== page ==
There is one Bruin who is one of the best players from his country, but not making the trip to Sochi for the Winter Olympics. Jarome Arthur-Leigh Adekunle Tig Junior Elvis Iginla didn’t get much consideration for Team Canada this time around, but he’s already earned two Gold Medals, one in Salt Lake City in 2002 and the other in Vancouver in 2010, and there’s only one prize in his career he still needs to achieve: his name inscribed on Lord Stanley’s Cup. I am certain that Iggy will get inducted into the Hockey Hall of Fame in Toronto when his playing career, he is a player so good that retiring without winning the Stanley Cup will seem like an unsatisfying career.
Jarome Iginla is the greatest player in the history of the Calgary Flames. In 2002, the same season he helped Canada win it’s first Olympic Gold Medal in 50 years, he won the Art Ross Trophy as the NHL’s top scorer, becoming the first player in 20 years not named Wayne Gretzky, Mario Lemieux, or Jaromir Jagr to win the award. In 2004, he captained the Flames to the Stanley Cup Finals, losing to the Tampa Bay Lightning in seven games. It seemed at the time like Iginla had a great chance of getting back there again in the near future, but the 2004-05 NHL lockout cost him an entire season in the prime of his career with the best roster around him in Calgary. The Flames slowly declined in the years following the lockout, and found themselves at the bottom of the NHL food chain by the time the 2012 lockout rolled around (The NHL averages one lockout per U.S. presidency over the last two decades. It’s really bad.). When the condensed 2013 season began, hockey fans all around North America knew that Iggy would be the most prized treasure at the trade deadline if Calgary were to get off to a slow start.
When trade talks heated up, Iginla, who had a no-trade clause in his contract, narrowed down his list of teams to which he would accept trades to the four most recent Stanley Cup champions: the Los Angeles Kings, Boston Bruins, Chicago Blackhawks, and Pittsburgh Penguins. He was right to think those would be the teams that gave him the best chance to win the Cup in 2013, seeing as they would eventually be the four remaining teams in the tournament. The Bruins and Penguins pushed the hardest to acquire Iginla. The Bruins offered two defensemen from their AHL affiliate in Providence, while the Penguins offered two college players, one from Yale and another from St. Cloud State (both schools would end up reaching college hockey’s Frozen Four for the first time later that month). The Bruins were under the impression that they had a deal in place, and former Bruins defenseman Aaron Ward even reported news of the trade on TSN and on Twitter. The next morning, Bruins fans woke up expecting that the news of Iggy’s trade to Boston would still be a reality, but that was not the case. The Flames went back to their franchise superstar, believing the two trade offers to be equal in value, and let him make the decision. The Penguins were one a hot streak at the time and seemed like they were far and away the NHL’s best team.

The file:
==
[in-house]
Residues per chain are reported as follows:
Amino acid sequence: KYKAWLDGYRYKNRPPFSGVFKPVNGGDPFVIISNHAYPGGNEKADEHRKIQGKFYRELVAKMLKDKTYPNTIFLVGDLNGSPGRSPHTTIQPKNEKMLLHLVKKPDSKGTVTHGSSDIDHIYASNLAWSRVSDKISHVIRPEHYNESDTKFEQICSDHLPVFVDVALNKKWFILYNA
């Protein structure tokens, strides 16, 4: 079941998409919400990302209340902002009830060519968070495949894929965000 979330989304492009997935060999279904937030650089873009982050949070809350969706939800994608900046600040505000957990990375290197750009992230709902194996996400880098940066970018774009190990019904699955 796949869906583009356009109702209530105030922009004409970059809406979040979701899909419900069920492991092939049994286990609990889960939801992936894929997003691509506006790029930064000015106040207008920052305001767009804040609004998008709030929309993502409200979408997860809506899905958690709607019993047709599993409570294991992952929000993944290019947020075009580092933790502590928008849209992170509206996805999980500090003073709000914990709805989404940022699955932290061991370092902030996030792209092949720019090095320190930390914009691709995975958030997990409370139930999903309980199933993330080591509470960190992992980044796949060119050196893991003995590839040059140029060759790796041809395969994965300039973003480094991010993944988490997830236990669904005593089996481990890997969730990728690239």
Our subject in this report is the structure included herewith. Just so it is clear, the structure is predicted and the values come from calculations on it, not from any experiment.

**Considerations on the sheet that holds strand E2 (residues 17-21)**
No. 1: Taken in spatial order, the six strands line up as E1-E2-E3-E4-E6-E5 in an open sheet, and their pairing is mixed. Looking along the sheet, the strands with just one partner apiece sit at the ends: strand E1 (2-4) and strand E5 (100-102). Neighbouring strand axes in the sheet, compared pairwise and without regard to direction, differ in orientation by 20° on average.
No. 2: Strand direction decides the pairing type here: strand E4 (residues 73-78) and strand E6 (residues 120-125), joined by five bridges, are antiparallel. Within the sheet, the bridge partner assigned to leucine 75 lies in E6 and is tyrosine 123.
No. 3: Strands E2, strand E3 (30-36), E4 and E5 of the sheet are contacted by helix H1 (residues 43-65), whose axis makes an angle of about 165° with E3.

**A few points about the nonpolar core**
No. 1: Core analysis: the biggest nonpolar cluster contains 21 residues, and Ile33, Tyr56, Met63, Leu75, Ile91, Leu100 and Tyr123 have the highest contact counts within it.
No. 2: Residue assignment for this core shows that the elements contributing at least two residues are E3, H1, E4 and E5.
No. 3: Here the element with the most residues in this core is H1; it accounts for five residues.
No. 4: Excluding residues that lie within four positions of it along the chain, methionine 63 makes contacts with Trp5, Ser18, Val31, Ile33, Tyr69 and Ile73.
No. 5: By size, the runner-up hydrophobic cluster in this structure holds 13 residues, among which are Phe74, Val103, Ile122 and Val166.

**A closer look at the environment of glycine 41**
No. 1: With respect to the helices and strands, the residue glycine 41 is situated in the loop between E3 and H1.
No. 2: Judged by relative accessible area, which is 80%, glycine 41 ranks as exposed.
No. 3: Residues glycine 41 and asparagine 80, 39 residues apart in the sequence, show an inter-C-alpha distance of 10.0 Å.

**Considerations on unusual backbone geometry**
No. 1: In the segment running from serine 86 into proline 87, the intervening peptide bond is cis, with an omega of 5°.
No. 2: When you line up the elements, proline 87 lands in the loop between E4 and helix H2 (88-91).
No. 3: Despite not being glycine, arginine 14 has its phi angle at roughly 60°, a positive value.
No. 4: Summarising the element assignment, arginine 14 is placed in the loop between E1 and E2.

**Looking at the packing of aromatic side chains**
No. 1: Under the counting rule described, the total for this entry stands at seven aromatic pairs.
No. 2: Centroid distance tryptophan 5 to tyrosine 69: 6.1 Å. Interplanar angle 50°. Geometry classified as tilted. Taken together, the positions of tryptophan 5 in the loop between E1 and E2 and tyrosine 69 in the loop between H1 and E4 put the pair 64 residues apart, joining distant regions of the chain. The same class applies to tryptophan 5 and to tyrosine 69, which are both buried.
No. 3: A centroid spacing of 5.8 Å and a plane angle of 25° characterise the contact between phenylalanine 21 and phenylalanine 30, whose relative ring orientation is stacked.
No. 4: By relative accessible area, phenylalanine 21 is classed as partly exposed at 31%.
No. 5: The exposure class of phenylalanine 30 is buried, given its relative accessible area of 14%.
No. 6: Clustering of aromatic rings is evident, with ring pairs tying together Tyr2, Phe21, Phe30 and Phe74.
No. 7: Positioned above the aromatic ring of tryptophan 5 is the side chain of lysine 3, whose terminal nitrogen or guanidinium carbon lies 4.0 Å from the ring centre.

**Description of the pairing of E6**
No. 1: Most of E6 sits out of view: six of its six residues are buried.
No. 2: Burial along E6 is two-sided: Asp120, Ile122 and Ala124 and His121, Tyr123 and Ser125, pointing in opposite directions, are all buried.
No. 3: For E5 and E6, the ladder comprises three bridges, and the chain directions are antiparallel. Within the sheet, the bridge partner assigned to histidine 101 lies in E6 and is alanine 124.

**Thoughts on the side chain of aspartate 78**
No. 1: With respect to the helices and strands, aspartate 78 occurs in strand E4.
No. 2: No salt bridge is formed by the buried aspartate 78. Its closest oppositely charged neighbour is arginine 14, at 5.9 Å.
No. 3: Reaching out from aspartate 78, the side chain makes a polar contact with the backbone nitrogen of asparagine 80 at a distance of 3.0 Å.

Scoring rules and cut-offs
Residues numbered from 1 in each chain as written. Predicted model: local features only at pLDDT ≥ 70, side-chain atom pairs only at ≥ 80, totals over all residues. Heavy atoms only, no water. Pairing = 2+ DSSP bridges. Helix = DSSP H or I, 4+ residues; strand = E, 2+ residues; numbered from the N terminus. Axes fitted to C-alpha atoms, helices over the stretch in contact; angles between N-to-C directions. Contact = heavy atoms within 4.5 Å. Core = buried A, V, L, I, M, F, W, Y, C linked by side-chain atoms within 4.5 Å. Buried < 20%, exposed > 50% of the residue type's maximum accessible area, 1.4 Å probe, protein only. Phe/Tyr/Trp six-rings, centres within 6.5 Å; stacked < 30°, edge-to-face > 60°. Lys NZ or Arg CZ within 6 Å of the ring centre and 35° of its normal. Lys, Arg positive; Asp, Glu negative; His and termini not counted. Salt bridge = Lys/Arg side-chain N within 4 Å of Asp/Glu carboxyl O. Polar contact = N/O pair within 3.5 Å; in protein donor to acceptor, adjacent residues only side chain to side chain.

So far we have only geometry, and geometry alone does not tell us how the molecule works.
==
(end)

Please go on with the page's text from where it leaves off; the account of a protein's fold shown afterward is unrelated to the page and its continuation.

Iginla chose Pittsburgh in the hopes that he could win the Cup with the man he assisted on the Gold Medal clinching overtime goal in Vancouver against the United States, Sidney Crosby. Penguins head coach Dan Bylsma had other ideas and the two never got to spend much time on the same line. The Pens kept winning until they ran into the Boston Bruins in the Eastern Conference Finals. Some teams would have fallen apart after having the rug pulled out from under them like that, but the 2013 Bruins were not most teams. They were playing an inspired brand of hockey that Pittsburgh had no answer for, and had a Finnish wall in front of their net named Tuukka Rask. The Bruins swept the Pens in four games, and reached the Stanley Cup Finals for the second time in three years, ultimately losing to the mighty Chicago Blackhawks in the closest six game series in history. Another year of being so close, yet so far for Jarome Iginla.
In the summer of 2013, Iginla became a free agent, and he turned out to be nothing more than a rental for the Pittsburgh Penguins, whose priority was finding a way to fit superstars Sidney Crosby, Evgeni Malkin, and Kris Letang under the NHL’s hard salary cap. The Bruins were making moves of their own to retool the roster, and Nathan Horton elected to sign with the Columbus Blue Jackets in free agency, so it made all the sense in the world for Iginla and the B’s to put the trade deadline drama behind them and join forces.
In the short term, Iginla has been as advertised, and the Bruins are better now than they would have been with Nathan Horton. Horton was the type of player to coast through the regular season, but step it up in the playoffs. Iggy gives the same effort every night, and his made linemates Milan Lucic and David Krejci look better this regular season. Iginla goes into the Olympic Break with 17 goals and 26 assists, which puts him 2nd only behind Krejci on the team in points this season. Iggy has had a reputation as one of the best fighting skill players in the NHL, which makes him a perfect fit for what Claude Julien’s Bruins try to do. Jarome Iginla was born to be a Bruin, but it took him until he was 36 years old to get there.
While Patrice Bergeron, Zdeno Chara, David Krejci, Tuukka Rask, and Loui Eriksson are all in Russia trying to earn Olympic Gold for their countries, Jarome Iginla has just one more goal in mind. This month gives him a chance to rest a little bit because there is still a long way to go. He came to Boston for one reason, and he has yet to find it.